GLC to propose scheduled checks
Greek leaders said yesterday they expect administrators to accept a Greek Leaders Council proposal to be submitted this week requesting that the recently mandated Safety and Security walk-throughs occur only twice a week and on a scheduled basis within a six-hour time window.
Members of coed, fraternity, sorority houses and undergraduate societies were also informed yesterday that the resumption of walk-throughs, currently scheduled for next Tuesday, will be delayed until a plan for their implementation is complete.
After meeting with Assistant Deans of Residential Life Cassie Barnhardt and Deb Carney yesterday, Interfraternity Council President Duncan McLean '03 told The Dartmouth that he would be "surprised" if the Office of Residential Life fails to approve the new proposal.
According to both McLean and Sigma Phi Epsilon summer President Patrick Granfield '03, Greek leaders are now hopeful that the dialogue between the GLC and ORL concerning the College's new policy allowing unannounced security checks of all Coed Fraternity Sorority and undergraduate society houses has presented a compromise agreeable to both parties.
"The consensus among Greek leaders is that this is the compromise we've been working for," McLean said.
"This seems to be the win-win situation both parties were looking for," Granfield noted.
The new proposal marks only a slight change from the GLC's second proposal, submitted earlier this week, which requested that walkthroughs occur only once a week and on a scheduled basis.
However, it represents a significant departure from their first proposal, which suggested that houses themselves take on responsibility for safety measures, in theory eliminating the need for Safety and Securitys walk-throughs.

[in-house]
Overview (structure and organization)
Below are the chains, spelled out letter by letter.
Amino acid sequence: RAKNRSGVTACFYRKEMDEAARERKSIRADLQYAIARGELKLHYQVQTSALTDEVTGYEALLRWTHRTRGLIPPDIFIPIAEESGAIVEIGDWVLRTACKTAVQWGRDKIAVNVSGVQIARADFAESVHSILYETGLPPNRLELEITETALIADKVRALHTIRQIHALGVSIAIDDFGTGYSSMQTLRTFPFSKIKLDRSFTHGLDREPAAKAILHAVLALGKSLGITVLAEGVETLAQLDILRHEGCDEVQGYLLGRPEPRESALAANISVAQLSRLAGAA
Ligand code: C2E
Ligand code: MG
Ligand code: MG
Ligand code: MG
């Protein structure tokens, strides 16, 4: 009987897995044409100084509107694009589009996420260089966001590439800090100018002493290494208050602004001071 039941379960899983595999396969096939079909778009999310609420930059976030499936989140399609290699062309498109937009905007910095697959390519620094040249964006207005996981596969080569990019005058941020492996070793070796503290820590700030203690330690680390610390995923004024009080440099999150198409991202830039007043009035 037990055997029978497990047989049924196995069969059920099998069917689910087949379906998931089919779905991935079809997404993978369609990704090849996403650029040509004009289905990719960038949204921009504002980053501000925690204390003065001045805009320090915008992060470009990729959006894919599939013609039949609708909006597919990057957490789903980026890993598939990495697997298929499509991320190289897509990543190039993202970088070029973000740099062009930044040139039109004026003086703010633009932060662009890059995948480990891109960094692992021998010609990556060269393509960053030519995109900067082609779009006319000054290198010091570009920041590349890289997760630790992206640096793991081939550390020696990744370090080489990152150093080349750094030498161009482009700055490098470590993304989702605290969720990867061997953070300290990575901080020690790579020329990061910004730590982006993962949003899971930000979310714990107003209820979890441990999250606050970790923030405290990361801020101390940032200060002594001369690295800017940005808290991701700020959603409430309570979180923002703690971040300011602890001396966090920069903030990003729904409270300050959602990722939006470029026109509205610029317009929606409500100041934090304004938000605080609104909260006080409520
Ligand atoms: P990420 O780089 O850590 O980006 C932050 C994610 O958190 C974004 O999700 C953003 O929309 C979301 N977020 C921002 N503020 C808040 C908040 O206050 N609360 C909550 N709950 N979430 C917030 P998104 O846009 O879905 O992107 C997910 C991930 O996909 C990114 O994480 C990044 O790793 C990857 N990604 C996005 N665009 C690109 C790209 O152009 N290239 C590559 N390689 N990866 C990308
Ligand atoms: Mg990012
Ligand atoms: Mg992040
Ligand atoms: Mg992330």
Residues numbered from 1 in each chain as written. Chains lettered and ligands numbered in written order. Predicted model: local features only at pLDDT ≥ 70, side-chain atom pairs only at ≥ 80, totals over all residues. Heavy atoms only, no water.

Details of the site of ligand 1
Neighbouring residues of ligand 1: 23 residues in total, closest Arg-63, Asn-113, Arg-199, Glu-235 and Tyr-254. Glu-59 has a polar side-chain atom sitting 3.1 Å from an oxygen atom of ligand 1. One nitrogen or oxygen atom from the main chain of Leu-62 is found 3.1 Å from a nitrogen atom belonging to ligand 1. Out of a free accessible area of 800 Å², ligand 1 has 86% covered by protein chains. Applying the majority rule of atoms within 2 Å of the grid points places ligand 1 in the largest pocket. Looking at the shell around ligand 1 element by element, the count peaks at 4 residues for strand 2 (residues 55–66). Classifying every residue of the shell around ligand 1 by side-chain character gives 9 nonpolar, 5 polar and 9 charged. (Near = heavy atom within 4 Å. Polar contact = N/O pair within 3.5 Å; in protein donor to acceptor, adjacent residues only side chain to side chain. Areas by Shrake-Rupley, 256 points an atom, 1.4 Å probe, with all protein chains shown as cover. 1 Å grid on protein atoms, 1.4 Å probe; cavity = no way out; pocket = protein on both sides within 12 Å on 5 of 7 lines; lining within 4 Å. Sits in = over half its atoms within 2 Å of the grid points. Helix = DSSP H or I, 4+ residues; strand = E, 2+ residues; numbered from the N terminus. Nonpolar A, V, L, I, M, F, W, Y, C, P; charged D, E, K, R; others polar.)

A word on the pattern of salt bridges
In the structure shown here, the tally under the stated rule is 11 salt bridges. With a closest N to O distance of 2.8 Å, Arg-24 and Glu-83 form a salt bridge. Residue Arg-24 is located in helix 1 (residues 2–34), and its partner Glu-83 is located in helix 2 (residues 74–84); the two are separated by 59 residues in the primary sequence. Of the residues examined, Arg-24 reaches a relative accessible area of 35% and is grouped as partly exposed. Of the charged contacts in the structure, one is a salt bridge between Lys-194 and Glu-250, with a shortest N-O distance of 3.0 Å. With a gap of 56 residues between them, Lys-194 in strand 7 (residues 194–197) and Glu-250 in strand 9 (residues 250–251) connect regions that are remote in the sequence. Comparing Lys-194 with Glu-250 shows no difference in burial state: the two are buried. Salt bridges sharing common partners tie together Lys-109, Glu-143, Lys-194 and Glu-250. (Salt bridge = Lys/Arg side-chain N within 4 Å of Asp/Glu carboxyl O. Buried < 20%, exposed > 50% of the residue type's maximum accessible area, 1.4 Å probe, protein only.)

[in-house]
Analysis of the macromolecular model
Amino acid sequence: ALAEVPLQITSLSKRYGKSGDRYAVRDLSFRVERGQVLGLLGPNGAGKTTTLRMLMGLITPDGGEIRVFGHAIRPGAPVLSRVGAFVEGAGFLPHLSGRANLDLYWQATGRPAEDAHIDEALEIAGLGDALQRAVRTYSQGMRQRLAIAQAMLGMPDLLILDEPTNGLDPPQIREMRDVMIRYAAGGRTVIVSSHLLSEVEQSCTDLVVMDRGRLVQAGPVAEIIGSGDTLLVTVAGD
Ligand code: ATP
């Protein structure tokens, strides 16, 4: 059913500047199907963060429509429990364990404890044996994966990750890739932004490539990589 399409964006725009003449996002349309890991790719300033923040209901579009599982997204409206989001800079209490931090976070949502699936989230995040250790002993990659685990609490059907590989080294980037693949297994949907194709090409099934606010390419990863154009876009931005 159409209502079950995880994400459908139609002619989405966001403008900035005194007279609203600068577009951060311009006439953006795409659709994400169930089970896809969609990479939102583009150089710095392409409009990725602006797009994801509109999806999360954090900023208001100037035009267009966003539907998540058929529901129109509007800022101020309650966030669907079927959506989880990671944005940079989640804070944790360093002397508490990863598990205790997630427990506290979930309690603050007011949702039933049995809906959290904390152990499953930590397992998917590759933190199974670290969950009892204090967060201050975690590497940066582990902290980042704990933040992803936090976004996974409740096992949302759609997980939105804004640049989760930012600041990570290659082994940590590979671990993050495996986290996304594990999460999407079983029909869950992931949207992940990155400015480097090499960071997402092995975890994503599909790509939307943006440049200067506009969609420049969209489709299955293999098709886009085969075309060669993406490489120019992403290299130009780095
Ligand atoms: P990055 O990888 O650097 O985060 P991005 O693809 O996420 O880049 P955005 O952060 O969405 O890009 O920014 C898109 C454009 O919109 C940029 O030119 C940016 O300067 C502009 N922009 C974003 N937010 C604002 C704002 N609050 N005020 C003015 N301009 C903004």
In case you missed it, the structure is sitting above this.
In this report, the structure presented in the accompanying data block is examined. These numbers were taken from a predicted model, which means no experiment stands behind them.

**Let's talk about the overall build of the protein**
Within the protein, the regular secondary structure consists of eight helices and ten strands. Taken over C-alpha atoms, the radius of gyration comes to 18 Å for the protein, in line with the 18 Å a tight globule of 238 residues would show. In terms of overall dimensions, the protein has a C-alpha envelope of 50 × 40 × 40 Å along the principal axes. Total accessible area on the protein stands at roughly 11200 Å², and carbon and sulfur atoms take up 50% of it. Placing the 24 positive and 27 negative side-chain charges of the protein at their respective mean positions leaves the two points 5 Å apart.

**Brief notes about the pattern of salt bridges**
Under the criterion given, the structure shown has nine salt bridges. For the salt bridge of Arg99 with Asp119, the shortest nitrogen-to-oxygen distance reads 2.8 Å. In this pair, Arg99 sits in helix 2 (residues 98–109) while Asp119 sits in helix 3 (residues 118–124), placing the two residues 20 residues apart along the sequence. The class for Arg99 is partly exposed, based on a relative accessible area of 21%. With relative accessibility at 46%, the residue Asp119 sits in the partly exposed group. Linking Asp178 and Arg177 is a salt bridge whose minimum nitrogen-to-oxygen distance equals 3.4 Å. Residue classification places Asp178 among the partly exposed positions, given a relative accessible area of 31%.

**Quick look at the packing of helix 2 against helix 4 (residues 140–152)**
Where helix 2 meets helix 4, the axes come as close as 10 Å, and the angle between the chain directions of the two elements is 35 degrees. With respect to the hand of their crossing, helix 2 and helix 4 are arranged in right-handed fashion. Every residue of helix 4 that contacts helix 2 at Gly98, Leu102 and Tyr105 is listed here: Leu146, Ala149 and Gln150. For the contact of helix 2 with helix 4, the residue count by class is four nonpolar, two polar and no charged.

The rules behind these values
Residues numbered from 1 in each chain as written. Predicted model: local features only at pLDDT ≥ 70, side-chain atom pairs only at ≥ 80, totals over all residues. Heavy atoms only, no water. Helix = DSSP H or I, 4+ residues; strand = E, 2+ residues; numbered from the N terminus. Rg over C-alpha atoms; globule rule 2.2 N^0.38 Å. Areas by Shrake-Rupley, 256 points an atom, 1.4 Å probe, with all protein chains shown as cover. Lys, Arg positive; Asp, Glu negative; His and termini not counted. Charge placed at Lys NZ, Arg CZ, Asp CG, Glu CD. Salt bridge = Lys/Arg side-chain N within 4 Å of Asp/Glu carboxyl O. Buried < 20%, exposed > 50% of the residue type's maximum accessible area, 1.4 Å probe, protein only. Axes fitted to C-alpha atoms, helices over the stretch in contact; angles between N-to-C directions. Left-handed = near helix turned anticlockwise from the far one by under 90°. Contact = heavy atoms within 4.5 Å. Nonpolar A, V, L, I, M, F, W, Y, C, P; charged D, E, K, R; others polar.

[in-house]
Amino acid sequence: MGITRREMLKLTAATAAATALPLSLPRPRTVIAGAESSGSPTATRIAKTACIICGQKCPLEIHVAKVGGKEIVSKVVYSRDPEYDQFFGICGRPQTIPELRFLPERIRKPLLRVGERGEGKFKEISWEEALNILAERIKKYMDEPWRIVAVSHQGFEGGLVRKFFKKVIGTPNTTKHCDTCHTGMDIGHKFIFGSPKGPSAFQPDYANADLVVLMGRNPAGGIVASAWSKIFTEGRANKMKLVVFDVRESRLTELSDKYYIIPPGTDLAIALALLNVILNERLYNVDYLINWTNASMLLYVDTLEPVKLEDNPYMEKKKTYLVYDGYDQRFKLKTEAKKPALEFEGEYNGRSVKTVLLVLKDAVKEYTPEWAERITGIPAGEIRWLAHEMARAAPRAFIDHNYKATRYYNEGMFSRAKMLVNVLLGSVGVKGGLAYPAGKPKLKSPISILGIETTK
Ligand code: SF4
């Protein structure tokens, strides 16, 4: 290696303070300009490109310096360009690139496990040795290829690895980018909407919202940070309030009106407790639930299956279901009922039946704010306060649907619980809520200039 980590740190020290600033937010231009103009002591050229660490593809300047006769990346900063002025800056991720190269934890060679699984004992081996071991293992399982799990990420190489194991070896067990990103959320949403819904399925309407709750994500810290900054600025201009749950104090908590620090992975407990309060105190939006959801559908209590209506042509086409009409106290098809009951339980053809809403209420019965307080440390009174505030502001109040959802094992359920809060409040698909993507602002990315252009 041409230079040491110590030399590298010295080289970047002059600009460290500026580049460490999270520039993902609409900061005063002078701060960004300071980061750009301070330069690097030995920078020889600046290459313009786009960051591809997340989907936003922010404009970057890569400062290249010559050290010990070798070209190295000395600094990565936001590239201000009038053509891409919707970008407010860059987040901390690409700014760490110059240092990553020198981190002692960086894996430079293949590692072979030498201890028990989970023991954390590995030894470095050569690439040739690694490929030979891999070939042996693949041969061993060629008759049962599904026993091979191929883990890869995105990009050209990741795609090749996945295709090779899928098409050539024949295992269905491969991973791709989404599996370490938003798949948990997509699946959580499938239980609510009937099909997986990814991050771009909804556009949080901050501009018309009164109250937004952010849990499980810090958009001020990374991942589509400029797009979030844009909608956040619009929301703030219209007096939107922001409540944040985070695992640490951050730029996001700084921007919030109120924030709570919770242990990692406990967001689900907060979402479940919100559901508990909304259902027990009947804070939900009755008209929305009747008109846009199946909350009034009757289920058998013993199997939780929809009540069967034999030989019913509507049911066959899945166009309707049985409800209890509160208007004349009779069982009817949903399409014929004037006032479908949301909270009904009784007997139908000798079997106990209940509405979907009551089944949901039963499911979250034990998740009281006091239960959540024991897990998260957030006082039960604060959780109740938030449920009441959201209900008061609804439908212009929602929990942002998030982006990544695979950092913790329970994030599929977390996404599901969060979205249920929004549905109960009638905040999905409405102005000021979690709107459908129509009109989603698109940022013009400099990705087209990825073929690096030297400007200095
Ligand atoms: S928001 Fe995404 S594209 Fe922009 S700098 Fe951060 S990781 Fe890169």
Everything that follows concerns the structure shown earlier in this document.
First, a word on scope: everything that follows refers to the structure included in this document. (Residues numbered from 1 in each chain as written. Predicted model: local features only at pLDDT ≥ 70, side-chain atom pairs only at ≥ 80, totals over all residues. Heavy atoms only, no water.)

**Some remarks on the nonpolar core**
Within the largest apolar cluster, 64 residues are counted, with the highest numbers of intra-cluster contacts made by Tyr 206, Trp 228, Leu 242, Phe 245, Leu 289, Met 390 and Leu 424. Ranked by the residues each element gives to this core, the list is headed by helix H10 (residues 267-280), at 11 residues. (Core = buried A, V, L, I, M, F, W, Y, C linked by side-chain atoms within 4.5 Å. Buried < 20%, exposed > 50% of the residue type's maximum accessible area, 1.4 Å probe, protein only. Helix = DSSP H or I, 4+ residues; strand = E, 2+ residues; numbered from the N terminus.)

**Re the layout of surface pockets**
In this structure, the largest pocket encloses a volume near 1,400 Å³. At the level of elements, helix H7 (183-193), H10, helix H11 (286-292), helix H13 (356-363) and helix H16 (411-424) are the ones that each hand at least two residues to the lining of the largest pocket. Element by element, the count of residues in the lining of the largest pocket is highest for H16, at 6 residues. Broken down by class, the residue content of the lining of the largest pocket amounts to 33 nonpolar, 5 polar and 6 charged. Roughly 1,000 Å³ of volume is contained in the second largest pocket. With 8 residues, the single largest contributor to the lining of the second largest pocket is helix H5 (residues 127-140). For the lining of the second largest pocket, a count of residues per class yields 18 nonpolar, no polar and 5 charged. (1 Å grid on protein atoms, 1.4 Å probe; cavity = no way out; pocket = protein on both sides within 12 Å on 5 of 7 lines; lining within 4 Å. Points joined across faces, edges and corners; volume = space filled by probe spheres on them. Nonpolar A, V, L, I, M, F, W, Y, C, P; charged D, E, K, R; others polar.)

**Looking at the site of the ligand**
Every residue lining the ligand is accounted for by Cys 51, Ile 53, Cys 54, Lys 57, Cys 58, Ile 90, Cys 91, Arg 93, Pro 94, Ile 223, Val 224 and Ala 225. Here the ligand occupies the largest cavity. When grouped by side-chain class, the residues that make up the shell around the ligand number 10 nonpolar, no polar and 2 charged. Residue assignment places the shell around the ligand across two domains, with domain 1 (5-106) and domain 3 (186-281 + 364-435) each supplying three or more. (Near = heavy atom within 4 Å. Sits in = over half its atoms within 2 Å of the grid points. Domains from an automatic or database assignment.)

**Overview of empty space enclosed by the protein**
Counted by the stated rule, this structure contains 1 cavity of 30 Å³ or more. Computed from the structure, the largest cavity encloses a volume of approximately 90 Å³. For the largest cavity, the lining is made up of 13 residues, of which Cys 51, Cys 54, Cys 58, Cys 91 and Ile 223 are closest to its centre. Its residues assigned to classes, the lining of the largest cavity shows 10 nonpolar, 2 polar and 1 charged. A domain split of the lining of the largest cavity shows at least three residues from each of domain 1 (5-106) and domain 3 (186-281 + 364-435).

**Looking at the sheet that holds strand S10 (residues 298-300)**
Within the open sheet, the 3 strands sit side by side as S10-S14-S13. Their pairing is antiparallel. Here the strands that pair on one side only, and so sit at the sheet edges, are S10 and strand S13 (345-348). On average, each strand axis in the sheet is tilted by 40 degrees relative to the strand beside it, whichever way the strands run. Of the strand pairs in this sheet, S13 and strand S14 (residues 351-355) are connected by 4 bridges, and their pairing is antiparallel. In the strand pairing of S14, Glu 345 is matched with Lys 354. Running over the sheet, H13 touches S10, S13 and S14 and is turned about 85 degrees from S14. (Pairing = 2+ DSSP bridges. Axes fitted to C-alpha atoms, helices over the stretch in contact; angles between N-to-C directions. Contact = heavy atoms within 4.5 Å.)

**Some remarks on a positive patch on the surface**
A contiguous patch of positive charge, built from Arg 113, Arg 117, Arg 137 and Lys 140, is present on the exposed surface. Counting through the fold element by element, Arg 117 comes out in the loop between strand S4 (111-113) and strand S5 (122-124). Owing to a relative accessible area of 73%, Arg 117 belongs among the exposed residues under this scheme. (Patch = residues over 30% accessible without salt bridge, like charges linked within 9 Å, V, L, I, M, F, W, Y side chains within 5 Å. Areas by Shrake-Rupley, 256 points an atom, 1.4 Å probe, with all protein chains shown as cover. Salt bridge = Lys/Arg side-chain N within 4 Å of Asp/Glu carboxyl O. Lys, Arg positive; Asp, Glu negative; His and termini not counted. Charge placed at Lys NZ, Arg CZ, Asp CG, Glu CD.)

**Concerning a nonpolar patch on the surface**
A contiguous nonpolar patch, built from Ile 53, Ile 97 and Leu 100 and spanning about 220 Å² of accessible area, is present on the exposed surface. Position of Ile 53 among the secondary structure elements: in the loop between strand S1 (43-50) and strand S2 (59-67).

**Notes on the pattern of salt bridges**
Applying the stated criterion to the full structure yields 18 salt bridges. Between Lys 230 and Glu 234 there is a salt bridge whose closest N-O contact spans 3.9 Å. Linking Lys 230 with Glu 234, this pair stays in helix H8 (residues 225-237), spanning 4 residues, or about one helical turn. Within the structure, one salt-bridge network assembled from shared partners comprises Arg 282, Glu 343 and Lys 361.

Whether or not Greek houses will still carry out extra safety training measures will now probably be left up to individual houses, McLean said.
Although most Greek leaders, according to McLean, are content with the proposed compromise, there is "not 100 percent resounding compliance on it," and there remains "still some lingering anger about how it [the new policy] was dropped on us."
"There are a few house presidents who think it is a bit more than they're willing to sign on to," and some plan to meet with their membership before signing the proposal, McLean explained.
Furthermore, whatever compromise policy is reached over the summer, the policy issue will still be revisited in the fall, when ORL may attempt to re-institute random, unannounced walk-throughs at that time.
In addition, the GLC's latest proposal still will not tackle the second part of ORL's new policy -- the restriction on outdoor alcohol consumption -- although McLean said the GLC hopes to draw up a separate proposal on this issue within the next two weeks.
"[Prohibition of outdoor alcohol consumption] is a difficult battle to fight," but the GLC does intend to fight it, McLean added.
Neither Carney nor Barnhardt returned calls seeking comment yesterday.